Yesterday was very exciting. Actually working on phase 2. I’ve sort of got it in my head that we have 3 things to do: Painting (which includes the caulking), Prop Shaft (basically plugging up the shaft log aka big hole in the back of the boat), and Rudder (its made but not finished and we have to hang it on the boat.) So Phase 1 is almost complete:
Garrett completed 3 coats of primer on the starboard side Wednesday meaning one side is totally ready for finish paint. The port side and transom still need to be sanded/preserved and then also need 3 coats of primer. That third coat really evened out the hull and eventually that green preservative stopped peaking through. Although a few people think we should paint the topsides minty green…
Phase 2 began with hunting down a prop shaft, cutlass bearing, and stuffing box. We were hoping to find all three of these used. The Napa Boatyard, Kirby, came through for us. They have so many treasures littering their yard he was happy to unload a few things. Kirby sold us the whole set up for $80. We had to buy a new bearing (that goes in the cutlass bearing stern housing, might be a different term for the outer piece but I don’t know it) which was a little pricy at $100 and we’ll have to buy new packing still for the stuffing box which doesn’t cost much. The real work for this phase broke ground yesterday:
Garrett drilled a pilot hole and then with a double nut set up was able to screw in the big bronze bolts that will hold the housing in place.
Garrett passed through a stick with a string attached so we can line up the stuffing box on the inside. The stern housing fit perfectly snug on the outside of the shaft log but the inside end of the shaft log was a little larger so the stuffing box didn’t sit quite so organically.
It went really smooth. The only hiccup was when one of the drill bits for the pilot hole broke off, in the hole! Garrett was so pissed. It took forever to get that dang thing out and we were frustrated that we might have to cut a bigger hole to remove the metal. Garrett persisted and eventually twisted the busted piece free and we were still able to use the hole for the stuffing box bolts.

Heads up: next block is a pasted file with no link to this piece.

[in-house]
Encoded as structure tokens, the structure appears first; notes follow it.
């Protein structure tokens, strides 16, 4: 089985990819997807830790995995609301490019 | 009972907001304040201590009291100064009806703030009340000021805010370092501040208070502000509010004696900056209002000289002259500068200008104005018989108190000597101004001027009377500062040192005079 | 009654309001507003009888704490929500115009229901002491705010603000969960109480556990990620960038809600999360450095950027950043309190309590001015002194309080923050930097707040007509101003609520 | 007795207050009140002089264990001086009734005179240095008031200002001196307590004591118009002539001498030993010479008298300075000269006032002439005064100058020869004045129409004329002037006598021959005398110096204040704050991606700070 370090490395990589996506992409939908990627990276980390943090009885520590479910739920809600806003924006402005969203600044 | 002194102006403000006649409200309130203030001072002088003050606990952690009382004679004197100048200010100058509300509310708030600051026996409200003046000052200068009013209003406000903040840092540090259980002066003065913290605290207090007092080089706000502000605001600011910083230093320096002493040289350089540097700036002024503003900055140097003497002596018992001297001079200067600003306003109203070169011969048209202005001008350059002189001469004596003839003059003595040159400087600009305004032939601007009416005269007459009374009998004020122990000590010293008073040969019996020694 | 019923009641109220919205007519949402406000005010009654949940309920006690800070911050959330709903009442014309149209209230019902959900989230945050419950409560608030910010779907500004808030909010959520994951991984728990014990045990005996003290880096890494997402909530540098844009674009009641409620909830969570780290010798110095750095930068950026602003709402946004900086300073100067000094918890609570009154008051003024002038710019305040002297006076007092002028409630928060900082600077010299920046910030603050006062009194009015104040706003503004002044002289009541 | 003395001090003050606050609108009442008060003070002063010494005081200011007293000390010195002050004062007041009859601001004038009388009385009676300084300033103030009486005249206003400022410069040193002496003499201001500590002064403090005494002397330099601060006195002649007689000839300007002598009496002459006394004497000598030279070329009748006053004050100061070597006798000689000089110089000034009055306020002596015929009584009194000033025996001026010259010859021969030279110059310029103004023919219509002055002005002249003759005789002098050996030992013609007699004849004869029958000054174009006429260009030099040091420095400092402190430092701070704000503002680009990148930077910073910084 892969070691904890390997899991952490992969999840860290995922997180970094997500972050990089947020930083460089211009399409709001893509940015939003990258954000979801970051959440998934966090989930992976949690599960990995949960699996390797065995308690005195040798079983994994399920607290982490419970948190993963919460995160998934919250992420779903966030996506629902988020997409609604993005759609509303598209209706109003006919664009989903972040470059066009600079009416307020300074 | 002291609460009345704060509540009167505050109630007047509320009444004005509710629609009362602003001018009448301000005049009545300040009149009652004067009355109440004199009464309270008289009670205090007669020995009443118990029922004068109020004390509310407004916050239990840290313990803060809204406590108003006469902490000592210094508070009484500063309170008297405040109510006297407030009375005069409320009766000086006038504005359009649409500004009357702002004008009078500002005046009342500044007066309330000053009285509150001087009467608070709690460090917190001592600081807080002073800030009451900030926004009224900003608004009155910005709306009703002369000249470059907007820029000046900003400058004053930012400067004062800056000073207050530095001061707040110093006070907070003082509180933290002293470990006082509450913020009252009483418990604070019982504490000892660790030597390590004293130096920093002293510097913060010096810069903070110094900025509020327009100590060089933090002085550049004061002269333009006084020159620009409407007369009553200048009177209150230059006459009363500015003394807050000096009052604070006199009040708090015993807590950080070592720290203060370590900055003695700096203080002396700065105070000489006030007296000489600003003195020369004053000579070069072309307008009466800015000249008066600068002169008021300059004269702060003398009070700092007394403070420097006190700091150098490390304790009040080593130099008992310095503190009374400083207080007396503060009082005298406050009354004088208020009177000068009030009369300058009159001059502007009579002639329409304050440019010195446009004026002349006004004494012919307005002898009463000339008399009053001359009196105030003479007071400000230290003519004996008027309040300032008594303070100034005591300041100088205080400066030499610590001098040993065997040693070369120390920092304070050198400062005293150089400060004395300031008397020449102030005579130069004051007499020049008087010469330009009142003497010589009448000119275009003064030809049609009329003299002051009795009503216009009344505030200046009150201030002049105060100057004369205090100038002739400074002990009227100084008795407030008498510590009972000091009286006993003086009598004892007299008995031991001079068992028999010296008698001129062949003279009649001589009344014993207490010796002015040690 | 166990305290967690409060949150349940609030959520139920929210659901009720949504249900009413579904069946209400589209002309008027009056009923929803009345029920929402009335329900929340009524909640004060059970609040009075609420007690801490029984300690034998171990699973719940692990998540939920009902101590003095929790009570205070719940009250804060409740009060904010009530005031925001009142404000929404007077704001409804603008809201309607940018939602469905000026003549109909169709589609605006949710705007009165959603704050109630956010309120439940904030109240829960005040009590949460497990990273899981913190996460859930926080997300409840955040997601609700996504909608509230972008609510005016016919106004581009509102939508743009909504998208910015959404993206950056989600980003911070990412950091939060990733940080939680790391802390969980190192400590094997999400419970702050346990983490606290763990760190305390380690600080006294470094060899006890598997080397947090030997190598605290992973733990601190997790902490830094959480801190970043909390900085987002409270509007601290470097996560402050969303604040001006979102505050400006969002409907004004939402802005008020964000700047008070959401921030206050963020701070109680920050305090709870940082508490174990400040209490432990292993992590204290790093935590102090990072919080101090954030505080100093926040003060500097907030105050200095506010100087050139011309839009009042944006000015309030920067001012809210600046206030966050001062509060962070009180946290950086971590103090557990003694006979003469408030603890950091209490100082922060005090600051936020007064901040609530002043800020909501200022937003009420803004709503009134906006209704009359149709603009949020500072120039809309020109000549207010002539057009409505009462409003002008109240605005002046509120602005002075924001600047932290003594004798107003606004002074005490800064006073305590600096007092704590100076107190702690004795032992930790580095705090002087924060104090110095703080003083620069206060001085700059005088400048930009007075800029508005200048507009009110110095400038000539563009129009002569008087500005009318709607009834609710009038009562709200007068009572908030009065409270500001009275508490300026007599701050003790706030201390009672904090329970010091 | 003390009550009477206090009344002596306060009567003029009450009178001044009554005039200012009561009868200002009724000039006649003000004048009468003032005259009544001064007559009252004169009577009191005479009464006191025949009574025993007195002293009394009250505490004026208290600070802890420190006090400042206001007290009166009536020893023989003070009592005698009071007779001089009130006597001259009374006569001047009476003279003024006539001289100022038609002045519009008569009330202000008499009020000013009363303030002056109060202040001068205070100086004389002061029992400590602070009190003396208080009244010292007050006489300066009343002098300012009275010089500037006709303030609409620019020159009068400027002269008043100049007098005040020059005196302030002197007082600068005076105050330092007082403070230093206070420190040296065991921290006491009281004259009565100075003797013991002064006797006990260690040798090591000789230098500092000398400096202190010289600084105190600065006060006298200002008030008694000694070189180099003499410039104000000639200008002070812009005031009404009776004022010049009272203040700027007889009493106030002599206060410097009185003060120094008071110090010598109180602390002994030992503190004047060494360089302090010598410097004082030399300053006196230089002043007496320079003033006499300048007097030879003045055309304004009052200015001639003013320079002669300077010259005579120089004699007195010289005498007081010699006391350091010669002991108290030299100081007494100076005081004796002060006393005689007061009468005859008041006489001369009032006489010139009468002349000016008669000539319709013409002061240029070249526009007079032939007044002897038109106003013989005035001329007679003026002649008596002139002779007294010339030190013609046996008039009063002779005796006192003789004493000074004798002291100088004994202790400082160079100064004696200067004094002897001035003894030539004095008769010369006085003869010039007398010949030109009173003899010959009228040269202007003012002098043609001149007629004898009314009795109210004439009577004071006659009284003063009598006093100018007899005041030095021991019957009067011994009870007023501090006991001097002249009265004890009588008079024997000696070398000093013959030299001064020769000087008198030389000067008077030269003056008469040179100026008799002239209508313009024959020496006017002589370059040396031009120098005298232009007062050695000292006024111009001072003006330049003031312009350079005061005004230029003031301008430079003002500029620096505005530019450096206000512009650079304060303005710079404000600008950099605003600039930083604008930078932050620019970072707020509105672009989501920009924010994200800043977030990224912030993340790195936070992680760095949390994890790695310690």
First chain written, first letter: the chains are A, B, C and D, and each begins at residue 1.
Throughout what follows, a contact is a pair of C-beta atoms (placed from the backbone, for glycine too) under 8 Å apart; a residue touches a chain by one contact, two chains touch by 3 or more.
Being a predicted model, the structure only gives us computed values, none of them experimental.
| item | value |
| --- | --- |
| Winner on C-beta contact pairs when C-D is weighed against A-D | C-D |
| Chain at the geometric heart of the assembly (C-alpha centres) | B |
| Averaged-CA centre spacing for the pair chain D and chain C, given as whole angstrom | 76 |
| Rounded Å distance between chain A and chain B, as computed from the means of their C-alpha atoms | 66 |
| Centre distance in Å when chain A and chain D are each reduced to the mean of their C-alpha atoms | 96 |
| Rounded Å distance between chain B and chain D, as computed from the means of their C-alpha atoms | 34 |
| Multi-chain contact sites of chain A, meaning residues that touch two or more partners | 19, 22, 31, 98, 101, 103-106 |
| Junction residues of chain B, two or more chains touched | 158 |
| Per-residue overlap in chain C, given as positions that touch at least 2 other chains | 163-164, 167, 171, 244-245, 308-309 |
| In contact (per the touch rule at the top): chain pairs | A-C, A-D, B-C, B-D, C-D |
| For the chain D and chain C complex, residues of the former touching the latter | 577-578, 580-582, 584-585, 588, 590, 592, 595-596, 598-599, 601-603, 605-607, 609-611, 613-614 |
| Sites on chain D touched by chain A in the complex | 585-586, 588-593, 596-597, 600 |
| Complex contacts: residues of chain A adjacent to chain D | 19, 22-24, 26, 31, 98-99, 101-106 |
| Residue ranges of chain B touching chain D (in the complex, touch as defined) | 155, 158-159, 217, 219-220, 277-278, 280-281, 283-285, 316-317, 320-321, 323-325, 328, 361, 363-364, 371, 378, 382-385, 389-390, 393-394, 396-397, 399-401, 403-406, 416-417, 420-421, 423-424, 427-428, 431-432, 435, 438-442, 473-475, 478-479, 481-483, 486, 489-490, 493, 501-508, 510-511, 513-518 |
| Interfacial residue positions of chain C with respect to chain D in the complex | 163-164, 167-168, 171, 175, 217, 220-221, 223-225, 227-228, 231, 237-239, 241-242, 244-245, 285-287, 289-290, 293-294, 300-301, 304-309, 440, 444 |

We got 4 bronze bolts shipped to us from Jamestown Distributors. Garrett wasn’t too stoked with the quality as the threads are a bit ruff but they’ll do the job fine. They were just over $15 each and we got the nuts and washers from the marina store. The 4 nuts were $3.24, the washers were $2.64, and the lock washers were 80 cents apiece. The whole set up including the shaft and two housings and new bearings is going to put us right around $300 so not too bad all in all.
Yesterday was my first day back to the boat since the hospital. I was mainly filming while Garrett did all the real work. “Taking it easy” I think is what they call it. Easier said than done but it was very apparent that I couldn’t do much more. Going up and down the ladder would wind me. I’ve never had limitations like this. Garrett’s usually the one hurting himself. I’m listening to my body and drinking as much water as it can take. Today we’ve decided to go sailing on the bay with our good friends, Jon and Carly, removing the temptation to over exert myself in the yard 😉